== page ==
'being understood that the heat exchanger I6 will
furnish suiìcient heat to evaporate any liquid
refrigerant which may reach the exchanger
through the pipe 3| and supply such superheat
The exchanger is
made of copper and the components are suitably
denser is of the split air cooled type and in which
the evaporator is interposed in the air stream to
beI cooled. In commercial practice the air is 25
blown through the condenser by means not shown
in the drawing, and air to be conditioned is fed
in contact with the evaporator by a fan, not
shown. The invention, however, is not limited to
brazed together. The pipe I4 conducts the liquid
refrigerant to one end of the jacket and the pipe
I1 withdraws it from the other end, the parts
being so arranged that there is a counterflow
relation between the cold vaporous refrigerant
35 flowing from left to right and the warm liquid
the use of any specific type of evaporator or con 30
denser, nor is it limited to use in room coolers.
What is claimed is:
1. The method of controlling the admission of _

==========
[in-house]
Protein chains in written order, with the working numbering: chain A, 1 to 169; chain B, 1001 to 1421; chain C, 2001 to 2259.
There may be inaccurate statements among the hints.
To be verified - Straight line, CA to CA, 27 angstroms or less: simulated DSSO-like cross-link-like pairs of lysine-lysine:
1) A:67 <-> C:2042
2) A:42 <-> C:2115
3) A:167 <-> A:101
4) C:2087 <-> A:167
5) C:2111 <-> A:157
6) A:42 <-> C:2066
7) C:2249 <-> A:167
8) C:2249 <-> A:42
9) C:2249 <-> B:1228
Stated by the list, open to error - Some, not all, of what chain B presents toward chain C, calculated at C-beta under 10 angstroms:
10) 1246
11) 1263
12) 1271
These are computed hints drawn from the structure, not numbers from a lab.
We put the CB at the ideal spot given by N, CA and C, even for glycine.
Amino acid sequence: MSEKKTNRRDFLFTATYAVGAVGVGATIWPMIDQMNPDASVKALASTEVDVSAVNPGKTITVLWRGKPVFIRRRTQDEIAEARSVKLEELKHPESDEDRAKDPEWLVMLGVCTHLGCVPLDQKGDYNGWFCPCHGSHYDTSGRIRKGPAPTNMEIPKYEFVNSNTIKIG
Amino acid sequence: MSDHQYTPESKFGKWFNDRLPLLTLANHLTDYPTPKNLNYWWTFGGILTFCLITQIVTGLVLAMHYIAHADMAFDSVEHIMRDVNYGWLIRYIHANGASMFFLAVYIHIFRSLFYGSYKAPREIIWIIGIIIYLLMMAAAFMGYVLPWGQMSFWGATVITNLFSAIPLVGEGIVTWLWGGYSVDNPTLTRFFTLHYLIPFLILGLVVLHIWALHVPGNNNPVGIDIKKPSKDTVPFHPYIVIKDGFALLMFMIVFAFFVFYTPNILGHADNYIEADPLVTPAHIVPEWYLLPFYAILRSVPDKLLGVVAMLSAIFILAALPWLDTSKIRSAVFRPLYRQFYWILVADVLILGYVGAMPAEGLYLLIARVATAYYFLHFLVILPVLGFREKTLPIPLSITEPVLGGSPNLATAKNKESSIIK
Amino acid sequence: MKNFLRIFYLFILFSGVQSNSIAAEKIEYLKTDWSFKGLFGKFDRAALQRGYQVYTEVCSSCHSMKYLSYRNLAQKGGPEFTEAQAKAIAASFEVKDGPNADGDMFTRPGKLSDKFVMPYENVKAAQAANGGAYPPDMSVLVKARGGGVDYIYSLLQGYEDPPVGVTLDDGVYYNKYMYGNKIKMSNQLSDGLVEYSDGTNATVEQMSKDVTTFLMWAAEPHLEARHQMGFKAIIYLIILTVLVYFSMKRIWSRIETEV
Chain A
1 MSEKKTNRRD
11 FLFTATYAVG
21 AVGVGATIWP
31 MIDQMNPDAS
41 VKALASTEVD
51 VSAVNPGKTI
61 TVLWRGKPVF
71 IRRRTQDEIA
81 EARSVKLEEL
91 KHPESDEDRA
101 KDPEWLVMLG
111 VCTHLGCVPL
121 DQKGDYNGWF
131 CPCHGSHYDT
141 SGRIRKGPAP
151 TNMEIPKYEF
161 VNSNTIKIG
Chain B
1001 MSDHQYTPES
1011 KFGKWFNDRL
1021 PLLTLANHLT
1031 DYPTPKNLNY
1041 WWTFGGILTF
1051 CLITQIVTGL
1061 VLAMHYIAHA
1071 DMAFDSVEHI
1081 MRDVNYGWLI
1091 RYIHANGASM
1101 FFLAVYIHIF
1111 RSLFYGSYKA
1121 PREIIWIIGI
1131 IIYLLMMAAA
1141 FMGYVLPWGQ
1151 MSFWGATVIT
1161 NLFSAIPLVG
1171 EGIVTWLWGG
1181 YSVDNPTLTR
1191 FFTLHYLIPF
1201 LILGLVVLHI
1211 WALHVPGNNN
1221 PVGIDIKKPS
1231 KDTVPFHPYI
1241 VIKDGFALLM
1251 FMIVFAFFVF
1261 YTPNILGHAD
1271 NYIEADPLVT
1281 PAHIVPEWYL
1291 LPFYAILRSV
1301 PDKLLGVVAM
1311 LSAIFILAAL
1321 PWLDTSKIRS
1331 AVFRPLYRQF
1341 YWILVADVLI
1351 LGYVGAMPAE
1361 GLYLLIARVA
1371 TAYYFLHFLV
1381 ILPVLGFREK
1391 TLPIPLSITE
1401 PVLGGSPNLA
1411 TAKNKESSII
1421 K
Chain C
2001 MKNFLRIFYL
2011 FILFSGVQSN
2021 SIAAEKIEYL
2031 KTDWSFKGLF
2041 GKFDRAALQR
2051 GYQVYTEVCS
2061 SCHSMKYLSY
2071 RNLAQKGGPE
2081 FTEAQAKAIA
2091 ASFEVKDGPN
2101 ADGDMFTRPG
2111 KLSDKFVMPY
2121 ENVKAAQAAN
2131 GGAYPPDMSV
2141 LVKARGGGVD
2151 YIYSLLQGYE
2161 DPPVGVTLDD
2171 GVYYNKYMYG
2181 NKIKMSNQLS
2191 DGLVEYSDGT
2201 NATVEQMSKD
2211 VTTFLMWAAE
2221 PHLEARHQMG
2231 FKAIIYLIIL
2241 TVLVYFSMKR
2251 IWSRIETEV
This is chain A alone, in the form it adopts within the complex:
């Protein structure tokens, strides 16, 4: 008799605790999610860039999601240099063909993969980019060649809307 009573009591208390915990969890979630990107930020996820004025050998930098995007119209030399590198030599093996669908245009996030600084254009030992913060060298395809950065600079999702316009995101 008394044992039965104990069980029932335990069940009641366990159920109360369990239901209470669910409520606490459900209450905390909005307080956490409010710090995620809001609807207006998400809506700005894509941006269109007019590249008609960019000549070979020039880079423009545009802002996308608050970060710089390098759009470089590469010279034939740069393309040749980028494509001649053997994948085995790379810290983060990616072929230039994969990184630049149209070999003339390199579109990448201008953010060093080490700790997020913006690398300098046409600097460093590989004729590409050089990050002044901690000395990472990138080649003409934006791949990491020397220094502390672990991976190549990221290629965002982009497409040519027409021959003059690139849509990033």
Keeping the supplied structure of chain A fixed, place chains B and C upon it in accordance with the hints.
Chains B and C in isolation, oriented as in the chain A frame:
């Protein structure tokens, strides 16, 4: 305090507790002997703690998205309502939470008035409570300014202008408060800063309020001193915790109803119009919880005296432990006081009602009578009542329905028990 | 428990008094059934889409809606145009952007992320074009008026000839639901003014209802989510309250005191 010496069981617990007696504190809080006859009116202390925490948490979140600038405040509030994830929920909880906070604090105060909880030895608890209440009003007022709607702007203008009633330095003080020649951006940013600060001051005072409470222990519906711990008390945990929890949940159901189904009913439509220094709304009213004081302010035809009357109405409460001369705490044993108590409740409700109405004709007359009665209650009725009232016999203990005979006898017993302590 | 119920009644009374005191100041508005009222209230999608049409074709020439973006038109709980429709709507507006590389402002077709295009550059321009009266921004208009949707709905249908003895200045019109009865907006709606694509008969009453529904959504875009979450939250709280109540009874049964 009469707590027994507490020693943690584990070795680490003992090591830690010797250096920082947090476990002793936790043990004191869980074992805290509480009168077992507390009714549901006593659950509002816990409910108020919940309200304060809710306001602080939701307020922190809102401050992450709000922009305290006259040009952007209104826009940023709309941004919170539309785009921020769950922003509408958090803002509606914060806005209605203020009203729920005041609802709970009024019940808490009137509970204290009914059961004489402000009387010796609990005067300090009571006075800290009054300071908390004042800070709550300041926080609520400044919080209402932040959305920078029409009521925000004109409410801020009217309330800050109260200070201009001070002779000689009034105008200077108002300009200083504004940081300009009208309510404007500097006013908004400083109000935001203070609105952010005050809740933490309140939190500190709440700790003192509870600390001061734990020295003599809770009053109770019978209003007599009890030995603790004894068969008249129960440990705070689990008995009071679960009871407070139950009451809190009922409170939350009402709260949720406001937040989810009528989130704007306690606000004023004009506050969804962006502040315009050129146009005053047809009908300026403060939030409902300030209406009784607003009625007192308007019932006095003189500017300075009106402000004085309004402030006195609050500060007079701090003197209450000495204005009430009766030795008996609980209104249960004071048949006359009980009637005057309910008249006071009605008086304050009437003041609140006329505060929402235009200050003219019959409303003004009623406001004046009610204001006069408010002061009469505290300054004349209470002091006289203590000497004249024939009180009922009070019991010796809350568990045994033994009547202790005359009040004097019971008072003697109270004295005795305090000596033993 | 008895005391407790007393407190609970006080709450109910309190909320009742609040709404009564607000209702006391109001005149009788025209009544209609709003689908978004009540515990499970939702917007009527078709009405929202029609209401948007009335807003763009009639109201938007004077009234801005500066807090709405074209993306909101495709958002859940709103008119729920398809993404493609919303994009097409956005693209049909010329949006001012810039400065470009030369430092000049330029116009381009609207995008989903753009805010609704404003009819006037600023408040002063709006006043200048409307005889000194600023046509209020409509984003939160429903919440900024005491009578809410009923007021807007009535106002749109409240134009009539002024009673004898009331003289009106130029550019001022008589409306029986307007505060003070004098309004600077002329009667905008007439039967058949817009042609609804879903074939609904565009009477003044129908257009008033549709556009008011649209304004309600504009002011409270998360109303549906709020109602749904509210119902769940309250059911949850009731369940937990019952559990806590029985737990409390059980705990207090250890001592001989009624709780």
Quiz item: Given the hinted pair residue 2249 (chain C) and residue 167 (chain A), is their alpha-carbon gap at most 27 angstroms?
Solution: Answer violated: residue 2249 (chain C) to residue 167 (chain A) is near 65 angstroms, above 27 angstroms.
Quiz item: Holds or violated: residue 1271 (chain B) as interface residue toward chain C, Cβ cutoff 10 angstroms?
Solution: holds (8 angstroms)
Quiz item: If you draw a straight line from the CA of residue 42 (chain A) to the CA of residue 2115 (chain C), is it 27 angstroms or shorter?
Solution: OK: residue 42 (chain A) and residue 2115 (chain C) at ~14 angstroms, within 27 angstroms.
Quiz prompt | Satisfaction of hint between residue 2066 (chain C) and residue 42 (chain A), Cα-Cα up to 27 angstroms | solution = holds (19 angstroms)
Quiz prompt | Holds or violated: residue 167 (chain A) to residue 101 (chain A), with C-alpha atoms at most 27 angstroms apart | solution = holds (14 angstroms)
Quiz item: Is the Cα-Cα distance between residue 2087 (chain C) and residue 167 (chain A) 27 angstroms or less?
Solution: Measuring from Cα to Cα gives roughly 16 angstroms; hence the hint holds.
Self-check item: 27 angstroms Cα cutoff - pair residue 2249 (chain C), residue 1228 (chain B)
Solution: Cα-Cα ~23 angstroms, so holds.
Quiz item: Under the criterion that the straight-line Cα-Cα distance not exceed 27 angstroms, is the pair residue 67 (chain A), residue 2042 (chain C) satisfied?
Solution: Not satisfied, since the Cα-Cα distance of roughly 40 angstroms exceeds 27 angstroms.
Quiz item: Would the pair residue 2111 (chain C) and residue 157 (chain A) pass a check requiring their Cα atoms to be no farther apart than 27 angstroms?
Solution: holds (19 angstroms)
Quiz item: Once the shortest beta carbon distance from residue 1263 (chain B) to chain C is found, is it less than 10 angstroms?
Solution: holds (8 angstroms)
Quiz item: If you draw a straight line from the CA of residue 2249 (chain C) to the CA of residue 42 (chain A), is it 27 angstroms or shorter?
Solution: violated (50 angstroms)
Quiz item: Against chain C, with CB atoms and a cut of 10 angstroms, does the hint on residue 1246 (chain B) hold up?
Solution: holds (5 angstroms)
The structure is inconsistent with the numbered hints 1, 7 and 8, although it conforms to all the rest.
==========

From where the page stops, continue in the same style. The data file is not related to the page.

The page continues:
in the drawing).
It will be observed that the expansion valve is
controlled in response to the' temperature and
,40 pressure of refrigerant between the exchanger I6
and the compressor 6, and the loading spring 22
erant flowing from the evaporator to the com
refrigerant flowing from right to left (as viewed
is so adjusted and the parts are so proportioned
that the valve 2|l will be opened sufllciently to
insure the existence of a slight degree of super
heat in the pipe 32. This control takes advan
tage of such superheat as is imparted to refriger
ant in the suction line by the heat exchanger,
with the result that the Vexpansion valve opens
slightly wider than it would if the control were
arranged according to conventional practice, at
refrigerant to the evaporator of a refrigerating
circuit of the compressor, condenser, evaporator 35